Beat The Bloat: Tips to Help Combat Bloating
If you are currently struggling with bloat, it can be challenging to identify what might be at the root of your bloat. Many times, individuals are experiencing bloating because of a variety of reasons. While there might be multiple factors driving bloat, there typically is one main cause.
To understand what might be driving your bloating, take a look at these leading causes of bloat and ask yourself if you think that any of these leading causes sound like your situation. While this is not a substitute for working with a functional practitioner, it can be eye-opening to learn about what causes exist, and it might help you move closer towards answers.
Water Retention (and imbalanced minerals)
The leading cause of bloat is water retention, which can be caused by an imbalance of minerals. The main minerals, also called "macrominerals" (sodium, potassium, chloride, magnesium, and calcium), can be imbalanced, leading to water retention that causes bloat. The best way to have more insight into your mineral status is through an HTMA, which is a hair mineral analysis that shows how your body responds to stress. When interpreted by a practitioner like me, you will have insight into what needs to be done to have balanced minerals.
Tips: if you already know that you are low in sodium, you can try adding salt to a mid-day adrenal cocktail (orange juice + salt + collagen), or if you know you are low in potassium, you can add potassium to an adrenal cocktail as well by using cream of tartar. Suppose you are a fast metabolizer and lose minerals quickly. In that case, being aware of not having too many diuretics will be helpful. Depending on your health goals, it might be beneficial to break from anything that causes mineral loss, even temporarily.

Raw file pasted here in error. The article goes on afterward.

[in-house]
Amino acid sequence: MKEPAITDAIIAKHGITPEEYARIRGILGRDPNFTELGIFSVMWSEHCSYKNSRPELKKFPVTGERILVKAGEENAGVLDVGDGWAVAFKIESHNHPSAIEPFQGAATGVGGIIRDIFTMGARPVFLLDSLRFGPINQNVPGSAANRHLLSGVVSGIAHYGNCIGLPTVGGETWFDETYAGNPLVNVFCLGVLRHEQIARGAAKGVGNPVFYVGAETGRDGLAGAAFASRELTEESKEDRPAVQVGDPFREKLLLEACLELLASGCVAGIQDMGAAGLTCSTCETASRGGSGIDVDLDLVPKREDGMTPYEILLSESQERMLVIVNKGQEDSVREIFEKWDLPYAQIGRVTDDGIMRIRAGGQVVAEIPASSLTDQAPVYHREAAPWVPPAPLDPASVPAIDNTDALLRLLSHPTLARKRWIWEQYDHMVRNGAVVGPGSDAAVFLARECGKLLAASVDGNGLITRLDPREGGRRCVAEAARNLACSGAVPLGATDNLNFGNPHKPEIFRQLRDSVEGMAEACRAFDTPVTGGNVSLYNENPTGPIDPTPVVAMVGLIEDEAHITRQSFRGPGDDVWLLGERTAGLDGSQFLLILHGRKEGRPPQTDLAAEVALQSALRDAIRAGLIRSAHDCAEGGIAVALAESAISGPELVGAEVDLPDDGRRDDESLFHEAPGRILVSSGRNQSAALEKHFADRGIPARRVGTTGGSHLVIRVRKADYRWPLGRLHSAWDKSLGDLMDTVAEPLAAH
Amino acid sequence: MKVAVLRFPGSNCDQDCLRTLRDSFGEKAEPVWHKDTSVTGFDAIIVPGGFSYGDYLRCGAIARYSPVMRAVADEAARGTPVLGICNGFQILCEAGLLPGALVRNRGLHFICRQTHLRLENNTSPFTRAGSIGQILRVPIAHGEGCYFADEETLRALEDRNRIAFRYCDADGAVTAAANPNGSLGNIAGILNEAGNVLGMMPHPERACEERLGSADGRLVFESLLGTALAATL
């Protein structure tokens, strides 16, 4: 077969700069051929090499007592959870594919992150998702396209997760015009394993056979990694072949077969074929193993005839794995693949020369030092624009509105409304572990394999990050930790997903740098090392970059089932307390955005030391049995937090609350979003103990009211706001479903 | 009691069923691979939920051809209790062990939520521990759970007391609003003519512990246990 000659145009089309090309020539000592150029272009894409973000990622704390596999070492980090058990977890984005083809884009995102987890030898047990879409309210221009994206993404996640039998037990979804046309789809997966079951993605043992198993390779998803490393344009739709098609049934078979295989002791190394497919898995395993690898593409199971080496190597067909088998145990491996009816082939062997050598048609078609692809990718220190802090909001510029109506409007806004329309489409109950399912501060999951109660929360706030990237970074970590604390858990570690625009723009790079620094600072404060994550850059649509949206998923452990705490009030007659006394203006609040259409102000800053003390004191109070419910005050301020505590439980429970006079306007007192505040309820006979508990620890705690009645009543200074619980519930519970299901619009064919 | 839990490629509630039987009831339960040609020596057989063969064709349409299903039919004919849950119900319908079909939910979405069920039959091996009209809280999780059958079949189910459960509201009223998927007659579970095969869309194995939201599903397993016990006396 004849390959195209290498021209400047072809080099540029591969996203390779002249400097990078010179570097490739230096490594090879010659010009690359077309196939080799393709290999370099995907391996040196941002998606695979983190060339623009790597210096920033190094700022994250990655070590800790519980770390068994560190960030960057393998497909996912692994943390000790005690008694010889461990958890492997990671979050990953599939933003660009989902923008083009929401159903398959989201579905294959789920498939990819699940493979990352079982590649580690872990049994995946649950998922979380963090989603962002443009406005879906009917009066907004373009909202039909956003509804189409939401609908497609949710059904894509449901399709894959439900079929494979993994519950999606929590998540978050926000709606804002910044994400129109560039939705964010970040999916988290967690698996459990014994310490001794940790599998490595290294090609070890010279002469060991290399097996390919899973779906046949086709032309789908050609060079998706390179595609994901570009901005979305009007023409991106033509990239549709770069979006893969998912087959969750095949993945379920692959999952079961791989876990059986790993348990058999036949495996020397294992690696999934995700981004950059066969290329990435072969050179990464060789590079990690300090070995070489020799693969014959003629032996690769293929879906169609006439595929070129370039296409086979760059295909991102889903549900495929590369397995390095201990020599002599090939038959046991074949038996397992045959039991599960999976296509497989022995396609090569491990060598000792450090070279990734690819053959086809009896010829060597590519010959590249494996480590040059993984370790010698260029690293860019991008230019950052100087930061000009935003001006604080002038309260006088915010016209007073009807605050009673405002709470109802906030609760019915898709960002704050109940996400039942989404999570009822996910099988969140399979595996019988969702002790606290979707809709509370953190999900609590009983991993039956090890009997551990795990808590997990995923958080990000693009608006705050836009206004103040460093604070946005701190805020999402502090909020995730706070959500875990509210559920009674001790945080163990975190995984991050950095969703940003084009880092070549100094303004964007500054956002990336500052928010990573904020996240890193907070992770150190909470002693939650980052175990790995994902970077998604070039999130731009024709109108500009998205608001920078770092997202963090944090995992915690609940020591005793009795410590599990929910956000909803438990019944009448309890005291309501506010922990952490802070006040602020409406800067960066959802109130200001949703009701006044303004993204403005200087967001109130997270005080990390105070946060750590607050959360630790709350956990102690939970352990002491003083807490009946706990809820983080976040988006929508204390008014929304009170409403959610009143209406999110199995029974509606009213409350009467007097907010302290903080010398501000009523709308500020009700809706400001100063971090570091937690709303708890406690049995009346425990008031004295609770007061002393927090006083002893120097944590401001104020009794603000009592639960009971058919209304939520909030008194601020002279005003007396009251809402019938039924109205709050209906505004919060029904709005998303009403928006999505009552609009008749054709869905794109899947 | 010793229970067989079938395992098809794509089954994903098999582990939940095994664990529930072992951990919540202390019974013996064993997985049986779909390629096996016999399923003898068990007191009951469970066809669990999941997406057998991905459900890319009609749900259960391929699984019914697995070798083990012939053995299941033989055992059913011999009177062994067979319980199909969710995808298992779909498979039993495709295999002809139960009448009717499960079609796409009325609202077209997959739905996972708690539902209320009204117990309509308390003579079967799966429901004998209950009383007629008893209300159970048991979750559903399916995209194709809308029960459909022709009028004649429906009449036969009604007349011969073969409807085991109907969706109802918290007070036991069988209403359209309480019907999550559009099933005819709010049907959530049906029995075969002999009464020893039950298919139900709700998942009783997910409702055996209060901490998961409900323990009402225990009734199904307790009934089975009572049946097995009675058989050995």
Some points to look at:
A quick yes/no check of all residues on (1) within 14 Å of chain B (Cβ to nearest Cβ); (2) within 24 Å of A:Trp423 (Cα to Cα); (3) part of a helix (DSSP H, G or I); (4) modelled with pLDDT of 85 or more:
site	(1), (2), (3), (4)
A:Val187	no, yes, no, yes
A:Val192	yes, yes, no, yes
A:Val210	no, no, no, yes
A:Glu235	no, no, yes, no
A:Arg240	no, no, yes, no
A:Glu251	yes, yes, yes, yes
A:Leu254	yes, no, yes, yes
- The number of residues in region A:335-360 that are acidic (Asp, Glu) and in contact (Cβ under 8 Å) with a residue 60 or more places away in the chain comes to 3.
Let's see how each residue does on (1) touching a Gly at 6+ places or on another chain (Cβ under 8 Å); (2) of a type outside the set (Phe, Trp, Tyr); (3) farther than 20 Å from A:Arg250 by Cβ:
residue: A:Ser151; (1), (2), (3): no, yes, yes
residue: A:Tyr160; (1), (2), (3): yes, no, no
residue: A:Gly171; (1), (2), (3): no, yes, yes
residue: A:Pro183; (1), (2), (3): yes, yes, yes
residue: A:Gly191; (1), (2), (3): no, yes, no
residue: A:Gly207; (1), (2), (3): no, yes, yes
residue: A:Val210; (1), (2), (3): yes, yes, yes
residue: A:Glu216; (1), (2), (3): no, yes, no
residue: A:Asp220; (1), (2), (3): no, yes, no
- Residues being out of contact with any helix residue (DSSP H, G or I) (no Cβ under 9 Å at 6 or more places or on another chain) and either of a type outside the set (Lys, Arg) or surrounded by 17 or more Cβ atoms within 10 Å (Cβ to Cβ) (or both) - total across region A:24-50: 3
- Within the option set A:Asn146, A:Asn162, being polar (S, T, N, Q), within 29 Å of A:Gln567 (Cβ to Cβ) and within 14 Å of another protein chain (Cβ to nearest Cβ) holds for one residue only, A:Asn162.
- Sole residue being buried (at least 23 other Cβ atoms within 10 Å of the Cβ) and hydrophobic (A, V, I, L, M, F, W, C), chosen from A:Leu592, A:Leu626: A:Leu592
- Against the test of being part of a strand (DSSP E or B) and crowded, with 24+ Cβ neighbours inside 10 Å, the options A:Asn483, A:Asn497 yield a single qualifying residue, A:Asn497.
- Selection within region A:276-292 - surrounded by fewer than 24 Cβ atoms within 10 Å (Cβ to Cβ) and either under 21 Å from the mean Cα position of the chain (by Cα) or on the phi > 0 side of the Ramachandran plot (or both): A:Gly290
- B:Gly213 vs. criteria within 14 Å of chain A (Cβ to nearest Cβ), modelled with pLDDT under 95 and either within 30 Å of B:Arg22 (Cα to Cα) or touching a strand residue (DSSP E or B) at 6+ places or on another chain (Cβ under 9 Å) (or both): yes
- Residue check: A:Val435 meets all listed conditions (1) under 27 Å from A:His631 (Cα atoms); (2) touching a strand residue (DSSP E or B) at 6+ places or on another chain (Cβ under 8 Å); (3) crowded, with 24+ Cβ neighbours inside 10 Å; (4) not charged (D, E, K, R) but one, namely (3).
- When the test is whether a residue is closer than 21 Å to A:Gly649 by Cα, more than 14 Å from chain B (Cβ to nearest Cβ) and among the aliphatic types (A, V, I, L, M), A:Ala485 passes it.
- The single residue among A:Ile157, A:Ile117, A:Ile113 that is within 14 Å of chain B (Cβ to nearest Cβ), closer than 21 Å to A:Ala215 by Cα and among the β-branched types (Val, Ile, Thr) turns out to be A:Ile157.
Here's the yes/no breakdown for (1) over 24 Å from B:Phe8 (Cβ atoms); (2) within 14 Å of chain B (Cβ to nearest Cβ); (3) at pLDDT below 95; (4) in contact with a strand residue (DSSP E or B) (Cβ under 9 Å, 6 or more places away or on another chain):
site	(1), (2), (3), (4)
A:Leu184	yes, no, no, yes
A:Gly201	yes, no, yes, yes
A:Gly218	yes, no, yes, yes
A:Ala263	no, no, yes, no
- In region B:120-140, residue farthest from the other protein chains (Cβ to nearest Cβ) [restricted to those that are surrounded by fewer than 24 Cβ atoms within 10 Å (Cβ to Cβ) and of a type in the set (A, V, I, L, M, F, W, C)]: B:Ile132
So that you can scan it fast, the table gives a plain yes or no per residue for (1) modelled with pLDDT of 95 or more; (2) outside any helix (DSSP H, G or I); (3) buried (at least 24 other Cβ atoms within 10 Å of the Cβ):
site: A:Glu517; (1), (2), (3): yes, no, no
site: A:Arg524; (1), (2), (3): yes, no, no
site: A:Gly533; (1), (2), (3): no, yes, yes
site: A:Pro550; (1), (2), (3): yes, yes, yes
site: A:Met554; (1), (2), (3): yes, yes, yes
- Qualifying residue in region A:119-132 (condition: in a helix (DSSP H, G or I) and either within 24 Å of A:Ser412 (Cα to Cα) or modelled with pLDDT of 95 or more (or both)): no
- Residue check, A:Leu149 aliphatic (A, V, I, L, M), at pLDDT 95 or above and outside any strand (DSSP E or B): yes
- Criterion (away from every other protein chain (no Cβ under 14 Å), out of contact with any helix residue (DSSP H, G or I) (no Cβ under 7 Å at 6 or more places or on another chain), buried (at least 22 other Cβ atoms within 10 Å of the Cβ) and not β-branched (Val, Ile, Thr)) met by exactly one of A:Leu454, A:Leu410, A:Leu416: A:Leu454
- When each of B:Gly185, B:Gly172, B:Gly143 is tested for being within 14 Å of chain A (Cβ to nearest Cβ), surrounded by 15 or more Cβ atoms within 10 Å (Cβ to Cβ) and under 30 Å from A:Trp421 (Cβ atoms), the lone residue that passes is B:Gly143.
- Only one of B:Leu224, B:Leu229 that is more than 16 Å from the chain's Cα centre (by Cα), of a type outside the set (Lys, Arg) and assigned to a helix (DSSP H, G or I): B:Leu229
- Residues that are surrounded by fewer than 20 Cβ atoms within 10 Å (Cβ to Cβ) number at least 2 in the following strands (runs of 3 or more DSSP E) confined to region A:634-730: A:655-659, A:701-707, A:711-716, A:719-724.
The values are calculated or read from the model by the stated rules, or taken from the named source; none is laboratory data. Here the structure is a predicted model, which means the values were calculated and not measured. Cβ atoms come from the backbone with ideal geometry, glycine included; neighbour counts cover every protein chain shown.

A secondary leading cause of bloat (which can often be seen with imbalanced minerals) is SIBO, which is small intestinal bacterial overgrowth. Small intestinal bacterial overgrowth will almost always lead to bloat, which will most likely not go away until SIBO is addressed. Although, depending on your specific situation, you might need more support, it can be helpful to reduce foods that are high in fermentable fibers. Onion, garlic, and cruciferous vegetables can be among the most triggering. It can also be beneficial to temporarily reduce probiotic intake, as SIBO can also include an overabundance of good bacteria in the intestinal tract. Pausing probiotics can provide relief for some, based on their situation. Because gut health is so complex, I highly suggest working with a practitioner to address SIBO or get a test if you want to have more insight into your GI microbiome.
Tip: although some various diet styles are promoted for SIBO, it's essential to know that you might need a different approach than the next person. When I work with clients with SIBO, I create a custom protocol for each individual who is struggling. Many things can trigger SIBO - from a C-section birth to food poisoning and even the birth control pill. Although it can feel like a big step to invest into your health, SIBO is a situation that calls for more support. I often see low stomach acid when my clients struggle with SIBO, and digestive bitters are a beneficial tool for this.
Pelvic Tilt or Prolapse
Also often seen with both water retention and SIBO, a pelvic tilt can also be the cause of bloat. If you have ever visited a chiropractor and if they have looked at your pelvis, you might have been told that your hips are twisted or simply not in alignment. For any issues related to the pelvic floor, I suggest working with a pelvic floor therapist. Core workouts, waiting as long as possible to pee instead of going every time there is an urge, and using period panties or organic pads instead of tampons or menstrual cups are all great ways to support your pelvic floor health due to the positive impact these steps have on the pelvic floor.
Tips: try to avoid lifting weight if you struggle with a tilt or a prolapse that is not being addressed. If you do not have strength in your smaller muscles, then it can be challenging to avoid injury, which can cause a back injury on top of pelvic floor struggles. If you want to get pregnant in the future, working on your pelvic floor can help you prepare to have a more successful birth.